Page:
8 Ways to Remember Vocab: Classroom Activities and Tips to Help Students Retain the Words They Learn

8 Ways to Remember Vocab
Classroom Activities and Tips to Help Students Retain the Words They Learn

Chris Speck
by Chris Speck 16,698 views

The cornerstone of learning a language is knowing more words. The more vocabulary items your students know, the better their English will be, but committing words to memory is not always easy. These tips and activities will help your students learn and retain more vocabulary words.

1. Use a Notebook

Demand that your students have a notebook of some sort where they record the vocab that you (and they) want to learn. Set it up with the English word / the pronunciation (this could be written in their language) / and the translation. If you have upper intermediate or advanced students, ask them to paraphrase the words rather than translate them.

Students should look at their books often and test themselves on the words they have written. Learning vocab is as much their responsibility as yours. Occasionally ask to see teh books so you can check that words are being added.

2. Look, Say, Cover, Write, Check

It’s an old fashioned technique: write a word, say it aloud, cover it with your hand, and then write it again and check the spelling. This is a great way for students to remember words. Ask them to use this to remember five to ten words at the start of class. Then, near the end of class, give a quick spelling test to see what students remember.

3. Learn Words in Groups and Chunks

Organize the words students are expected to learn into groups or lexical sets. For example, you may give students a set of ten words with the names of vehicles or things in the kitchen. For more advanced students you can group adverbs or academic words togehter.

There are lots of sets of words that go together in English. Ask your students to learn them at the same time. They include:

  • Verbs + dependant prepositions: good at / think about / sorry for / look at / work for / wait for / apologise for / agree with
  • Adjectives + dependant prepositions: scared of / worried about / addicted to / proud of / interested in
  • Common collocations: black and white / salt and pepper / up and down / good and bad /

There are some groups of words that have already been made for you to use. You can start with the 500 most common words in English, the Dolch list, and Coxhead's High-Incidence Academic Word List.

4. Give Spelling Tests

Identify ten words in a lexical set that you want your students to learn. Explain that in the next session/week you will give them a spelling test on these words. Do it every week. Keep a record of student scores and explain that you will give a prize to the student who has the most points at the end of the semester/year. It doesn’t have to be a big prize. This will aid motivation. It will also give you an activity you can do for ten minutes in every session.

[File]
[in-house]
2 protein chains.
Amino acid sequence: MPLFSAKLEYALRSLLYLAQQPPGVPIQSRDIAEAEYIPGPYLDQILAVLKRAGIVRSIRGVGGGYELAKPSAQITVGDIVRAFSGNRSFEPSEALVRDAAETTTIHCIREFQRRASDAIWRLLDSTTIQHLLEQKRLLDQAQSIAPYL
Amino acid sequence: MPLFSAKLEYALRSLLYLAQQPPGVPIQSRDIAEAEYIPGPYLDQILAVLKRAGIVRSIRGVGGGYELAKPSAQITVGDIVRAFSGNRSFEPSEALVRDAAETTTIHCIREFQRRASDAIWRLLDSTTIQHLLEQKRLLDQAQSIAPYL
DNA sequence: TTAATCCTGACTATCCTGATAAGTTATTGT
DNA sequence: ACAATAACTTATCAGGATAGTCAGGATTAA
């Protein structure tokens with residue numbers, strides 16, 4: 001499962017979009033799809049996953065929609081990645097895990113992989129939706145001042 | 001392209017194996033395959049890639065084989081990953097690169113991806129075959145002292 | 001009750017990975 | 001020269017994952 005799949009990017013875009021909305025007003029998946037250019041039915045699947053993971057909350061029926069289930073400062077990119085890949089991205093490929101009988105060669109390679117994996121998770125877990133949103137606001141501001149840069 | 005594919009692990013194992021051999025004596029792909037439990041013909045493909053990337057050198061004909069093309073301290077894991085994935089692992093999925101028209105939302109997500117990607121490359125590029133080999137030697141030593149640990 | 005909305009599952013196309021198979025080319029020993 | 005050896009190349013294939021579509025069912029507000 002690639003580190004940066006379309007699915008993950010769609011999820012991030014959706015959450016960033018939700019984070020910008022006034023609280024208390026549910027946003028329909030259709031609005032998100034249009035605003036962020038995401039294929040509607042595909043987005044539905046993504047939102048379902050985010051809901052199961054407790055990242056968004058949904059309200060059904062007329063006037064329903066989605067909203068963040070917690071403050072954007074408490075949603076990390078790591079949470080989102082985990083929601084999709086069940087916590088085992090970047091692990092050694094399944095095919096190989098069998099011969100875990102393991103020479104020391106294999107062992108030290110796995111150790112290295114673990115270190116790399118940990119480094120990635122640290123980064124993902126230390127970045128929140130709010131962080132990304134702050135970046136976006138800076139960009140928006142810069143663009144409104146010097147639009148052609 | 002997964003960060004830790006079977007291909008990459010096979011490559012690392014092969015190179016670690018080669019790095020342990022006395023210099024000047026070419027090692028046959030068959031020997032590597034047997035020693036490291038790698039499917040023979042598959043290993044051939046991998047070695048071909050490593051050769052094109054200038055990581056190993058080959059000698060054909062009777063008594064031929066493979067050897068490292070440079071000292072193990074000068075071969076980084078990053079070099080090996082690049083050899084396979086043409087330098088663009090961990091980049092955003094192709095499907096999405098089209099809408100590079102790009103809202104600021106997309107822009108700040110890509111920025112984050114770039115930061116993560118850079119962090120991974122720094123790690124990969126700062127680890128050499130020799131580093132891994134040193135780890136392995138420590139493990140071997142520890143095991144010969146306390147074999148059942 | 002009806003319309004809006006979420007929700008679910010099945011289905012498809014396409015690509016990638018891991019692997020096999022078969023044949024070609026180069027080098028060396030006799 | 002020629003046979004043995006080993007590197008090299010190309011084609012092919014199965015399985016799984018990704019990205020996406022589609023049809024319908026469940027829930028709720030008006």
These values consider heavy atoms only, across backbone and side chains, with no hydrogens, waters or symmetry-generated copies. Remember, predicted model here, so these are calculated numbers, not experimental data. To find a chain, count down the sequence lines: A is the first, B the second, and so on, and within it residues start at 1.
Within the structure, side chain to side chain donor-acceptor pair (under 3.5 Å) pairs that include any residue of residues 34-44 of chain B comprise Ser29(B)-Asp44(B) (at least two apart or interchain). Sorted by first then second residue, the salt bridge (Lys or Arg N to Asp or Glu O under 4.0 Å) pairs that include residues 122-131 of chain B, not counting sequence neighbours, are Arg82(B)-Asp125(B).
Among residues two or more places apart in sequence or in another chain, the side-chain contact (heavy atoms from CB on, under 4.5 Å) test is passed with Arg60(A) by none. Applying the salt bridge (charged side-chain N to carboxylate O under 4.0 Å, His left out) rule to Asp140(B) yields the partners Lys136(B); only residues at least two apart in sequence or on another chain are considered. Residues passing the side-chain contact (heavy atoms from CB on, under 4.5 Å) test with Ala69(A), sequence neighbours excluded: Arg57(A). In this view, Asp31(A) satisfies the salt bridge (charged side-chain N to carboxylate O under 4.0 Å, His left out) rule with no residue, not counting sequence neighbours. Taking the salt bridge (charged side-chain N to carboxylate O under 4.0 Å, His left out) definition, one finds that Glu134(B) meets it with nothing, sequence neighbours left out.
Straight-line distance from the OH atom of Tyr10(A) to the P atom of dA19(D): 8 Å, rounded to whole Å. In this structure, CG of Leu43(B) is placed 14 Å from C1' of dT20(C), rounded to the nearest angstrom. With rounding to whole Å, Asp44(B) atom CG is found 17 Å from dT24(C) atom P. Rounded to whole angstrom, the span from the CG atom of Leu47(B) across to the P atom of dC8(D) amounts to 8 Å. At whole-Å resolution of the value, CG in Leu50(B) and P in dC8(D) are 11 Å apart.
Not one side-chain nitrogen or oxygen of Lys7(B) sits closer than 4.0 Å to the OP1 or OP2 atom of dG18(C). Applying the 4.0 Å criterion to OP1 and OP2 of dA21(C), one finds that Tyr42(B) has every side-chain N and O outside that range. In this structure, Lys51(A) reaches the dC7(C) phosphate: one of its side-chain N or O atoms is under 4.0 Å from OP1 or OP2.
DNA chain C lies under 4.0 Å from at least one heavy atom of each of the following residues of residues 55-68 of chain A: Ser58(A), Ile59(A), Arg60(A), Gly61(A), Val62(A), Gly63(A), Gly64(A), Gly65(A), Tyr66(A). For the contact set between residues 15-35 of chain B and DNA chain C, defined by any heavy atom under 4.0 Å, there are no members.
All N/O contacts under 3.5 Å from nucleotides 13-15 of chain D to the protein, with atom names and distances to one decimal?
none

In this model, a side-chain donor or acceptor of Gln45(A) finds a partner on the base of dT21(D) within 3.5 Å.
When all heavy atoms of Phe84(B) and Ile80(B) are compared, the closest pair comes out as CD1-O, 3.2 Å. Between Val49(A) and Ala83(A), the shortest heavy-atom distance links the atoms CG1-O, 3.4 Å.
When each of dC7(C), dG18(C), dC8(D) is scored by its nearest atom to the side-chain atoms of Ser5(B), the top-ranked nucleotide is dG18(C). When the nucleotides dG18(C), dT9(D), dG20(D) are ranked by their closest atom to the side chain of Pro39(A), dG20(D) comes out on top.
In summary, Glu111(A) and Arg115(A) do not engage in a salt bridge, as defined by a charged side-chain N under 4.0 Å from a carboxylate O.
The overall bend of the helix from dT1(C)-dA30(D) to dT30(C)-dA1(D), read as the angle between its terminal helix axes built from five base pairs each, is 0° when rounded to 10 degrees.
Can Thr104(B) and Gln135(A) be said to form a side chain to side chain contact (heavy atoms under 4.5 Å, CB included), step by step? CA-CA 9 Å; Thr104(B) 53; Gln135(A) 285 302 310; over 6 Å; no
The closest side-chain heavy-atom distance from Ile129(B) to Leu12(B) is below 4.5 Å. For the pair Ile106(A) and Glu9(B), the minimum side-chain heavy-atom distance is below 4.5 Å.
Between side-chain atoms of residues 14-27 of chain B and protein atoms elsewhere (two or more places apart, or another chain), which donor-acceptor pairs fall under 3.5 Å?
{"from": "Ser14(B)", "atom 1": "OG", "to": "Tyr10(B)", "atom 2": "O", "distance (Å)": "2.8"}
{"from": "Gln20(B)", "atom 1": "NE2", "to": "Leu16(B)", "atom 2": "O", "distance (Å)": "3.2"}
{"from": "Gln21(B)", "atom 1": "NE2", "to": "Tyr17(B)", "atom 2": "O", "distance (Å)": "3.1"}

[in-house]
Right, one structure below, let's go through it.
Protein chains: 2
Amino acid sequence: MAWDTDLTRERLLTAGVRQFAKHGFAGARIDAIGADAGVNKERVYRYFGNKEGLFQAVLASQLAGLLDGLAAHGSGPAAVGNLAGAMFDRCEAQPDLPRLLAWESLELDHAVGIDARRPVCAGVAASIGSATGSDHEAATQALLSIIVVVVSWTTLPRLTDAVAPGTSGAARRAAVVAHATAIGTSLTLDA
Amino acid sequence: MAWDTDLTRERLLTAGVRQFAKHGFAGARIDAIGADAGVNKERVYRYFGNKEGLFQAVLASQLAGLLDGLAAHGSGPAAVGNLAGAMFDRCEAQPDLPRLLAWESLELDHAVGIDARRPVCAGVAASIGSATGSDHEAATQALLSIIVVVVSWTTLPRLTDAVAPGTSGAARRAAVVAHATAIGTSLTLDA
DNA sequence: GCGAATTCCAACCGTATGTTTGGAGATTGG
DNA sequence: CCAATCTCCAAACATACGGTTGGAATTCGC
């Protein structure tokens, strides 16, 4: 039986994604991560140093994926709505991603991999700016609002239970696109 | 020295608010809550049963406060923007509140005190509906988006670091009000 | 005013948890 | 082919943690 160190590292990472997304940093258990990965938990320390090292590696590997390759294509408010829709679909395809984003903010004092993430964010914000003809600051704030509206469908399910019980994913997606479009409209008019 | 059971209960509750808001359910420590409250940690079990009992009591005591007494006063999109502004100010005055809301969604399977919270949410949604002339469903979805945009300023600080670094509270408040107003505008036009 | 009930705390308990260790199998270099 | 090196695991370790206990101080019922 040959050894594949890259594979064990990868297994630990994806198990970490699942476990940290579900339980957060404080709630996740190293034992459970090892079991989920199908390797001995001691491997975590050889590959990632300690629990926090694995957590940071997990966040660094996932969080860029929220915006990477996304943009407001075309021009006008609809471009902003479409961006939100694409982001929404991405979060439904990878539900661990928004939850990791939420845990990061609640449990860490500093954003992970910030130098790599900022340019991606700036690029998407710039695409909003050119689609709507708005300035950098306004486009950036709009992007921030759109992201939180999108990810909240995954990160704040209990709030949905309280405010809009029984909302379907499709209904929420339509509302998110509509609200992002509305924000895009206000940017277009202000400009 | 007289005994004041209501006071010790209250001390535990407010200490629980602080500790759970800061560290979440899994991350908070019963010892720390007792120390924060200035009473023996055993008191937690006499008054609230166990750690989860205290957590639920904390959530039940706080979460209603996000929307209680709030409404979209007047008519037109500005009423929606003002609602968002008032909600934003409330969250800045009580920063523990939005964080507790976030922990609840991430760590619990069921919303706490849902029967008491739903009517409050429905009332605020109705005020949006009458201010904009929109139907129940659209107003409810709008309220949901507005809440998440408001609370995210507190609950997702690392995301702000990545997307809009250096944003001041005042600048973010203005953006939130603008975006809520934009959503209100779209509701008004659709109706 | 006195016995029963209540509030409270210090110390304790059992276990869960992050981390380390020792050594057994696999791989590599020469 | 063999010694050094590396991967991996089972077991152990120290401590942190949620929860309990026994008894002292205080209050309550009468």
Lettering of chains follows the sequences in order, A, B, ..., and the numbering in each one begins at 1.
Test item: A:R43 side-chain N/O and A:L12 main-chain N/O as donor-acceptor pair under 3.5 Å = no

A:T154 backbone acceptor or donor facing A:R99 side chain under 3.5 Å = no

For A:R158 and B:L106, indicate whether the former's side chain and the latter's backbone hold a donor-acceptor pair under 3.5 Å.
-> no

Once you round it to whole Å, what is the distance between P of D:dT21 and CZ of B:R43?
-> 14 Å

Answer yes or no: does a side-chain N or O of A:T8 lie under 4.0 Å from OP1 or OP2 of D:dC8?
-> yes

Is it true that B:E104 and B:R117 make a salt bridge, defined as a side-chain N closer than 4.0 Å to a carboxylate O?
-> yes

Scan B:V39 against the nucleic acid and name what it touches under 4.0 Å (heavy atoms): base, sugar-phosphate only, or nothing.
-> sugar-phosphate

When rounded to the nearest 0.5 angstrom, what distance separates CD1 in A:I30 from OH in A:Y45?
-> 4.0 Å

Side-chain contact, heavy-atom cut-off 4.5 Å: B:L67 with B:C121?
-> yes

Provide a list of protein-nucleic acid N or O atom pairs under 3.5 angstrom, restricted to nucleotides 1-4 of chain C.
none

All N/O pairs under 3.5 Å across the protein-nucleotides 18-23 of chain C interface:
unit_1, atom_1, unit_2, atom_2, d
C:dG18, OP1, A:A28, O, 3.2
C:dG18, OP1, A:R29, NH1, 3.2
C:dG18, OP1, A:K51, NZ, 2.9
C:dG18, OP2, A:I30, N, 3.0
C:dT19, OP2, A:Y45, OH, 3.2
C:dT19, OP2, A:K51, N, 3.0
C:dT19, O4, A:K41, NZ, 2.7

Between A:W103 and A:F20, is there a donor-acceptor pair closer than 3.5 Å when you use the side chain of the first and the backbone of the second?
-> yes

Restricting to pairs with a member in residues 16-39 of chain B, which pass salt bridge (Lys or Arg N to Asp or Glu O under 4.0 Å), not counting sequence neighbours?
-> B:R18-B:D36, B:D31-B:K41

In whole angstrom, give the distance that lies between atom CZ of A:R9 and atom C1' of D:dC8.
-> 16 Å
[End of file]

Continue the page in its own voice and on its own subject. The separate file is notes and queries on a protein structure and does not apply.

5. Write Sentences Using Target Words

As a homework or class activity, ask your students to write five sentences using their target vocab. If possible, go round and check student sentences before you ask them to share their ideas with a partner. Share any interesting sentences with the class and display them on the board or the walls of your classroom.

6. Play Games

Word games like hangman, bingo, and word tic tac toe will help your students learn vocabulary in a fun way. There are loads of great ideas right here on Busy Teacher, such as 10 Creative Games and Vocabulary Class Games. You can also make a word search or find a crossword to give as homework. Anything that forces students to use or see a word again will help them remember it.

7. Stick Words on the Wall

People remember things they see on wall, even unconsciously. For example, you might recall a poster from your own school days. Print off sets of words you want students to learn and display them. Stick up student work. Write words on sticky notes. Take over the space on your classroom walls. Refer to what you have put there and draw students' attention to it.

8. Repeat, Review, Recycle

We all forget things very quickly and research suggests that unless we review what we learned regularly, we will lose it. This is called the Forgetting Curve. Regularly check and test vocab either formally or informally. Give praise to your students who remember. Use strategies to motivate those who forget.

With all vocabulary instruction, be realistic with what you expect your students to learn. People can retain information in their short term memory, but without repetition and review, the information can easily be lost. Some people might be able to learn ten words a day for a week, but it’s unlikely they will remember these a month later.  Set targets that your students can manage.

 

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